There was aforetime in the city of Prato a statute no less censurable than harsh, which, making no distinction between the wife whom her husband found in adultery with her lover, and the woman found pleasuring a stranger for money, condemned both alike to be burned.


While this statute was in force, it befell that a gentlewoman, fair and lovely beyond measure, Madonna Filippa by name, was by her husband, Rinaldo de' Pugliesi, found in her own chamber one night in the arms of Lazzarino de' Guazzagliotri, a handsome young noble of the same city, whom she loved even as herself.


And Rinaldo, very angry, scarce refrained from falling upon them and killing them on the spot; and indeed, only because he worried how he should afterwards fare himself had he given way to the vehemence of his anger, and so done, did he refrain from doing so. Even though he mastered himself, he could not resist recourse to the statute, to accomplish that which he might not otherwise lawfully accomplish, to wit, the death of his lady.


So, having all the evidence needful to prove her guilt, he took no further counsel; but, as soon as 'twas day, he charged the lady and had her summoned. Like most ladies that are veritably lovely, the lady was of a high courage; and, though not a few of her friends and kinsfolk sought to dissuade her, she resolved to appear to the summons, preferring to die bravely confessing the truth than basely flee and for defiance of the law live in exile, and show herself unworthy of such a lover as had had her in his arms that night.


And so, attended by many ladies and gentlemen, who all exhorted her to deny the charge, she came before the Podesta, and with a composed air and unfaltering voice asked of what he wished to interrogate her.  The Podesta, surveying her, and taking note of her extraordinary beauty, and exquisite manners, and the high courage that her words evinced, was touched with compassion for her, fearing she might make some admission, by reason whereof, to save his honour, he must needs do her to death.


But still, as he could not refrain from examining her of that which was laid to her charge, he said:--"Madam, here, as you see, is your husband, Rinaldo, who prefers a charge against you, alleging that he has found you in adultery, and so he demands that, pursuant to a statute which is in force here, I punish you with death: but this I may not do, except you confess; so be very careful what you answer, and tell me if what your husband alleges against you be true."


The lady, in no way dismayed, and in a tone not a little jocund, thus made answer:  "True it is, Sir, that Rinaldo is my husband, and that last night he found me in the arms of Lazzarino, in whose arms for the whole-hearted love that I bear him I have often lain; nor shall I ever deny it; but, you as well as I know, the laws ought to be common and enacted with the common consent of all that they affect; which conditions are wanting to this law, inasmuch as it binds only us poor women, in whom to be free with our love is much less reprehensible than it were in men; and furthermore the consent of no woman was--I say not had, but--so much as asked, before 'twas made; for which reasons it justly deserves to be called a bad law.”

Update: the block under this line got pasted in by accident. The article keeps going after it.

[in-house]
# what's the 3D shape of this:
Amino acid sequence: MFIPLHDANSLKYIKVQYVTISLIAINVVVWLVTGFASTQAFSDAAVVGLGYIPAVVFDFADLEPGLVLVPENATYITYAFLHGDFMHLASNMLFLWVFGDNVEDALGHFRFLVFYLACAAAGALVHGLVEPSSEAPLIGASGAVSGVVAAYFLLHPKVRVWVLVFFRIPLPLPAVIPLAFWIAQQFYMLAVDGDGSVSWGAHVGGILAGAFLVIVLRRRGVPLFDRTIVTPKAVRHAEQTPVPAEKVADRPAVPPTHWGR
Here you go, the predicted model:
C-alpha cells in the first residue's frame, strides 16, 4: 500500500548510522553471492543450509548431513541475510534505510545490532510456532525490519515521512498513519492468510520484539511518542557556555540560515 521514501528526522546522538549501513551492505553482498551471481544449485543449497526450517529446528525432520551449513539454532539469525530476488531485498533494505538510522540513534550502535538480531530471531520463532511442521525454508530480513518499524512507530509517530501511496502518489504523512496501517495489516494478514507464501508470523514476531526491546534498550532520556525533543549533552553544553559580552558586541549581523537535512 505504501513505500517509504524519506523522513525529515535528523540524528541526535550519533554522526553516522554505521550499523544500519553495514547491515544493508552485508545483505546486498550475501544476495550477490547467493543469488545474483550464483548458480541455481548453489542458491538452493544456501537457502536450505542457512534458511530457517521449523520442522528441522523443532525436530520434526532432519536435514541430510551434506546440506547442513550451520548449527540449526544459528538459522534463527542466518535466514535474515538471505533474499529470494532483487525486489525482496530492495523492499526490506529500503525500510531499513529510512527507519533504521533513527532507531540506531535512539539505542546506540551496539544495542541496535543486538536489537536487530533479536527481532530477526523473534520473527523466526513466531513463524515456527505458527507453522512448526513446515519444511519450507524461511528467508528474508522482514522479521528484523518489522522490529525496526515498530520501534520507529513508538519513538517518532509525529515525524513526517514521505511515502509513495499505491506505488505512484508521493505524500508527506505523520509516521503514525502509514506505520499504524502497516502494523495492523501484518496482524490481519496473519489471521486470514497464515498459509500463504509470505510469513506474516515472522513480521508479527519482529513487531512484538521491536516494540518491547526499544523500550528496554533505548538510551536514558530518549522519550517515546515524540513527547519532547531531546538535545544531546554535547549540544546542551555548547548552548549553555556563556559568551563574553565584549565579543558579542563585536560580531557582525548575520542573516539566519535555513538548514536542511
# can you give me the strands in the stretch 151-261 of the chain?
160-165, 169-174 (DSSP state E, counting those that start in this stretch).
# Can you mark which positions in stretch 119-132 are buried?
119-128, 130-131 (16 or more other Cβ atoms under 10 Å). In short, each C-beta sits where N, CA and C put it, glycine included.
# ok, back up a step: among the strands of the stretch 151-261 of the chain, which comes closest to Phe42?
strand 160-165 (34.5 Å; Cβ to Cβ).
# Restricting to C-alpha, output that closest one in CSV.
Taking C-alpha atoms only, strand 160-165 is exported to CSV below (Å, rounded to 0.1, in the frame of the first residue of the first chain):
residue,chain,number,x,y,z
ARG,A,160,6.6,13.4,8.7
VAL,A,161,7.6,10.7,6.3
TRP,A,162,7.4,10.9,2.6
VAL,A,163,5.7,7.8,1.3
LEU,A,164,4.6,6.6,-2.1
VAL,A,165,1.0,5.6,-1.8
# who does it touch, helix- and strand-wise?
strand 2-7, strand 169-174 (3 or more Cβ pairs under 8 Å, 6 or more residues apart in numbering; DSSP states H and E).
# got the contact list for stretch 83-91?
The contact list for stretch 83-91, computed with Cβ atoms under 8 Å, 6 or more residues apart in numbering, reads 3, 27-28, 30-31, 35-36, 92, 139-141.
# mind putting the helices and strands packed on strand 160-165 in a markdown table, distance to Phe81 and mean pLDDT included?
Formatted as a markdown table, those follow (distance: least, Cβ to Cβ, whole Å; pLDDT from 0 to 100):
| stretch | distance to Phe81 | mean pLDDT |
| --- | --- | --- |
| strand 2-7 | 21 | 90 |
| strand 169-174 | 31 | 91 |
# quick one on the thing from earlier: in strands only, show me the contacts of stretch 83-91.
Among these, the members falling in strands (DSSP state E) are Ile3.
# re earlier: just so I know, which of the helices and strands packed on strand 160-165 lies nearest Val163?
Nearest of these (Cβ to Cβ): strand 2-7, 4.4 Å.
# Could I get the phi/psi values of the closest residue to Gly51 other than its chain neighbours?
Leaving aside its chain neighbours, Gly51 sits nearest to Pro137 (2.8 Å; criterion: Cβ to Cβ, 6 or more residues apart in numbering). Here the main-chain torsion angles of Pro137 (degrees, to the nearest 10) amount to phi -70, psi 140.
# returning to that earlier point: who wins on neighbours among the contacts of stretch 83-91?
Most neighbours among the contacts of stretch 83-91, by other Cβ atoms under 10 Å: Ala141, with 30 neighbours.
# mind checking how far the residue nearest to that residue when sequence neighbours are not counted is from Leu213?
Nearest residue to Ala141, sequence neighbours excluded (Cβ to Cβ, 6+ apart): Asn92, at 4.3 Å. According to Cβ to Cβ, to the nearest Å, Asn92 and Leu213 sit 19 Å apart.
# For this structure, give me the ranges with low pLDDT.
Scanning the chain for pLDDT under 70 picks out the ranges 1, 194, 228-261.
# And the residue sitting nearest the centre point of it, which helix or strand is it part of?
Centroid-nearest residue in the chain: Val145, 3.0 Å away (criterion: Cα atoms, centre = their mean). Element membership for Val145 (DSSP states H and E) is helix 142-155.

“However, if in defiance of my body and your own soul, you are minded to put it in force, 'tis your affair; but, I pray you, do not proceed to try this matter until you have granted me this trifling grace, to wit, to ask my husband if I ever denied him, but did not rather accord him, when and so often as he craved it, complete enjoyment of myself."


Whereto Rinaldo, without awaiting the Podesta's question, answered that assuredly the lady had always granted him all that he had asked of her for his gratification. "Then," promptly continued the lady, "if he has always had of me as much as sufficed for his solace, what was I or am I to do with the surplus?  Am I to cast it to the dogs?  Is it not much better to bestow it on a gentleman who loves me more dearly than himself, than to suffer it to come to nought or worse?"


Which jocund question being heard by well-nigh all the folk of Prato, who had flocked there all agog to see a lady so fair and of such quality on trial for such an offence, they laughed loud and long, and then all with one accord, and as with one voice, exclaimed that the lady was in the right and said well; nor left they the court until in concert with the Podesta they had so altered the harsh statute so that thenceforth only such women as should wrong their husbands for money should be within its purview.


And Rinaldo left the court, discomfited of his foolish enterprise; and the lady blithe and free, as if rendered back to life from the burning, went home triumphant.



Sources:  Various including those hyperlinked on this page, and Boccaccio's The Decameron translated by J. M. Rigg, available from Project Gutenberg, and a link on this page.